How to Manage a Team Effectively as a New Manager

Whether you are new as a manager or entering a new role and inheriting a team, you want to strategize your plan for success. Learning how to manage a team effectively as a new manager isn’t about jumping in and hoping you get the same luck as before. This is a new group of people with new expectations and work styles. Therefore, you’ll need to adapt to flourish as a new manager. This isn’t difficult if you’re willing to do a little pre-planning before your first day.

While there is a breadth of knowledge, skillsets, and expectations required for all successful managers, don’t get overwhelmed or let your inner critic get in your way. Remember, you were selected for this role because others have faith in you. Now, you need to show how you can manage a team effectively as a new leader. Take a deep breath and start with the basics then build from there. In time, your expertise and achievements will grow exponentially.

To help you get started, here are a few tips on how you can manage a team effectively as a new manager.

1. Know the Distinctions

Management and leadership are two different roles. Simply put, a manager oversees operations, projects, and people while a leader drives a vision. Many times, people in a supervisory capacity confuse the terms and focus on the areas where they are most comfortable. Unfortunately, this can lead to disengagement and frustration within your team.

Having a very task-oriented manager is ideal for driving teams toward goals and keeping processes and projects moving forward. But leadership involves a deeply human element, understanding how your team members work best, and creating a culture and environment that invites them to achieve great results.

So, should you focus on management or leadership? Honestly, you should strive to be successful at both—and you can. Learning how to manage a team effectively as a new manager requires your setting them up for success as well as inspiring them to follow your lead.

2. Set Yourself Up for Success

Prior to adopting a new team, you want to set yourself up for success. Create a plan for sharing and demonstrating your leadership style, team expectations, and work approach. While your leadership style needs to adapt to circumstances and team interactions, you’ll want to be consistent with your natural style so team members can adapt accordingly.

Additionally, you’ll want to make clear from the very beginning your expectations and work style. How often will you hold meetings? Do you have an open-door policy, preferred frequency, and channels of communication, the cadence of reports, and one-on-ones? These important elements of expectations and work styles should be established from the get-go.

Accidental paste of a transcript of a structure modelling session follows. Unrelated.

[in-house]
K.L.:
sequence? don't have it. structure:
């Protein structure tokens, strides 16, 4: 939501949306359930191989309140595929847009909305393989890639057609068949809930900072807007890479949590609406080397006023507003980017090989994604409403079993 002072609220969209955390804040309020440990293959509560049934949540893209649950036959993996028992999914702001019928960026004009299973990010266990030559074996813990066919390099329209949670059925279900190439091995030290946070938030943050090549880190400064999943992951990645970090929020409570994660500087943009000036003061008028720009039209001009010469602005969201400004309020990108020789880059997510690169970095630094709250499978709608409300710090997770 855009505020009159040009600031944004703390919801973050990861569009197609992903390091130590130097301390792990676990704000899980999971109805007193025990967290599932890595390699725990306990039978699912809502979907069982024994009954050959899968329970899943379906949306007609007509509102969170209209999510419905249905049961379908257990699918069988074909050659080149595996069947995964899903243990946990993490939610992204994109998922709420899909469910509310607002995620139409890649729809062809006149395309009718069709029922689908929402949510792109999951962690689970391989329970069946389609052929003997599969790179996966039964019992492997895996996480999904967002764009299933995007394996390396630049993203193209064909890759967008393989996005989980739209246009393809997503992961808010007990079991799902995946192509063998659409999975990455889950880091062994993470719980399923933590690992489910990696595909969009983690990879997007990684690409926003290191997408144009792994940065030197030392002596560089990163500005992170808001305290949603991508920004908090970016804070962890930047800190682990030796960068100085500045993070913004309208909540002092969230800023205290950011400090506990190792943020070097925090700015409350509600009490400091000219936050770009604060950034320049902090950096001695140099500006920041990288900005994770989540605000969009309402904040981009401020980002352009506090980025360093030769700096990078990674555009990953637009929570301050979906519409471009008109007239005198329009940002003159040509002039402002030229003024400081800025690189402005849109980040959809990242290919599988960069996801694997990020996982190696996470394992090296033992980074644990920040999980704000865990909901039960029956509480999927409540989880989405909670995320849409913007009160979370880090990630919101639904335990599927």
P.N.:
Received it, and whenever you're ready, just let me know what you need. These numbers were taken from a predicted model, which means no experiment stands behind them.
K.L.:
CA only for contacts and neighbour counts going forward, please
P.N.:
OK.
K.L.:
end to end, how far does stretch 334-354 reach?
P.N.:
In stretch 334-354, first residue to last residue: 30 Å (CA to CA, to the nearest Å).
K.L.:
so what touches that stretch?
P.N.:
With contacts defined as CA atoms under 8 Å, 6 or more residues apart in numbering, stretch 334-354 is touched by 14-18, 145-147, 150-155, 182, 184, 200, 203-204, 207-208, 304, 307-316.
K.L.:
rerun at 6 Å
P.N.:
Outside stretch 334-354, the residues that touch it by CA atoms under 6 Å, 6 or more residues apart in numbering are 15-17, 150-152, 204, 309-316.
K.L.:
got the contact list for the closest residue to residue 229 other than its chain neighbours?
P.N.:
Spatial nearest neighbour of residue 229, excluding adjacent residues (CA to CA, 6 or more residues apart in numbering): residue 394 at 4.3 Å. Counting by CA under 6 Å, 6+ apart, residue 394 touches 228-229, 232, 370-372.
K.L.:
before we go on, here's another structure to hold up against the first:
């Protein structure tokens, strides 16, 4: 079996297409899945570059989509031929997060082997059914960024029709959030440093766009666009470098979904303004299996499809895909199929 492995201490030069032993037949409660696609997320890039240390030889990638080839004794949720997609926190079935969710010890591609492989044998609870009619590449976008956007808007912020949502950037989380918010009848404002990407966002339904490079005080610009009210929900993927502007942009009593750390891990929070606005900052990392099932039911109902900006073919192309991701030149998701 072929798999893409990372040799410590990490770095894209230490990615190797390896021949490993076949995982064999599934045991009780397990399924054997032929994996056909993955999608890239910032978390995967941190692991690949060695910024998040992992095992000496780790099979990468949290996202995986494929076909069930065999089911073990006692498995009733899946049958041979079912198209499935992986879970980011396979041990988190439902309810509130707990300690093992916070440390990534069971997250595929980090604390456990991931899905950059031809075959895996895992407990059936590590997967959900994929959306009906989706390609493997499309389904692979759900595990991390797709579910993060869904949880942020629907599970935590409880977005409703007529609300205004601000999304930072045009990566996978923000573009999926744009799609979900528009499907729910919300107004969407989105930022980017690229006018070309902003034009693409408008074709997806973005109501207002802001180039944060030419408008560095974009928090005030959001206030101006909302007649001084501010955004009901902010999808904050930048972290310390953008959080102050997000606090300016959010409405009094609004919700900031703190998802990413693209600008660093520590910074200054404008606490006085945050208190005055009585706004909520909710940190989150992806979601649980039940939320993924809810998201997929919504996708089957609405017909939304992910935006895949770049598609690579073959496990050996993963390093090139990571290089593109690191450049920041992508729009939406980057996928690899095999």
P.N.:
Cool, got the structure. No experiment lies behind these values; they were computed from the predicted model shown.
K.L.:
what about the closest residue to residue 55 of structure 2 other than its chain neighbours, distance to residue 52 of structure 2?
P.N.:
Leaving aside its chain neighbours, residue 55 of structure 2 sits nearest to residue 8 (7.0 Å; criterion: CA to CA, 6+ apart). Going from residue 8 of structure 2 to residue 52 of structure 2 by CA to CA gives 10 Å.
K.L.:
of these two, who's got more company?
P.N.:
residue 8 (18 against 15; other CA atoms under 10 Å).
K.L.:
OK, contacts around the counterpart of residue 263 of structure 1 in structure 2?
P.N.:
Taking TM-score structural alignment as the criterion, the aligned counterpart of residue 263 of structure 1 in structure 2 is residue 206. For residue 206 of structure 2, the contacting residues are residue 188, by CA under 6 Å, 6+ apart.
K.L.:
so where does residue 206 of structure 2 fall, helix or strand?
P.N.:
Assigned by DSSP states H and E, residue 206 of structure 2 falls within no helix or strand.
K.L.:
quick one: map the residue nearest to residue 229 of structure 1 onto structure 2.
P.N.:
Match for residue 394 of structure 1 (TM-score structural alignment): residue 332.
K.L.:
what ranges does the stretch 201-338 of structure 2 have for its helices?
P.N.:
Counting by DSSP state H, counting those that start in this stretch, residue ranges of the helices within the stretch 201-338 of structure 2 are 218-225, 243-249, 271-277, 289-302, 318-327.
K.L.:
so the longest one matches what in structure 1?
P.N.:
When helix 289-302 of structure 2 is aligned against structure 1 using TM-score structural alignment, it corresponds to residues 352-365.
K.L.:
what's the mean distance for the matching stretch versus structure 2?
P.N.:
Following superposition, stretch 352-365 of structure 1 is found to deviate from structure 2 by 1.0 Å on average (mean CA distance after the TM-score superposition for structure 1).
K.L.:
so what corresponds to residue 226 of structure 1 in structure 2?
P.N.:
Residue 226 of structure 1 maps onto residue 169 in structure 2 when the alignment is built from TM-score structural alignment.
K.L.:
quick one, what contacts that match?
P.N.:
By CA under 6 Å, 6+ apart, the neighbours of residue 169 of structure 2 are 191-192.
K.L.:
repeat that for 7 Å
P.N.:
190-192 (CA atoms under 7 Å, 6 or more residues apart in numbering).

Getting organized and sharing how you all can work best together not only sets you up for success but also creates transparency, which is required for team members to feel at ease with you as their manager. And laying out your success plan—with the shared expectation that you may need to pivot—increases trust and productivity.

3. Provide Your Team With a Vision

If you don’t know where you are heading, it’s difficult to get on board that train. Having a vision is the key to productivity and consensus. You’ll need a north star to direct how your team’s efforts contribute to the overall goal of the organization and positively impact the bottom line. While you have governance of your vision, a team that’s contributed to designing a collective north star has more skin in the game.

Start off on the right foot by hosting a collaborative brainstorming session to crystalize your vision. It’s a wonderful way to get everyone involved from the start and give you a chance to see their personalities and preferences in action. Once a vision has been realized, agree that it will be used to align direction and measure productivity and performance.

When team members have a say in the vision and how it needs to be realized, they are more likely to accept responsibility and take constructive feedback. Remember, they’re now vested in both your success and theirs. So, by being involved in designing the vision, they have also outlined the standards against which they will be measured. This makes things a lot easier for decision-making, budgeting, and evaluations.

4. Don’t Be Afraid of Making Difficult Decisions

The team that you inherit may not be working or a good fit for your management style. This may require you to make difficult decisions, like demotions, transfers, or terminations of team members. But before you do, spend time getting to know them, understanding their strengths, and reviewing their performance to date. It’s only fair that you give them a chance to adjust to you as their manager and prove their ability to step up and contribute. If they can’t, you may need to put them on a PIP (performance improvement plan) or let them go.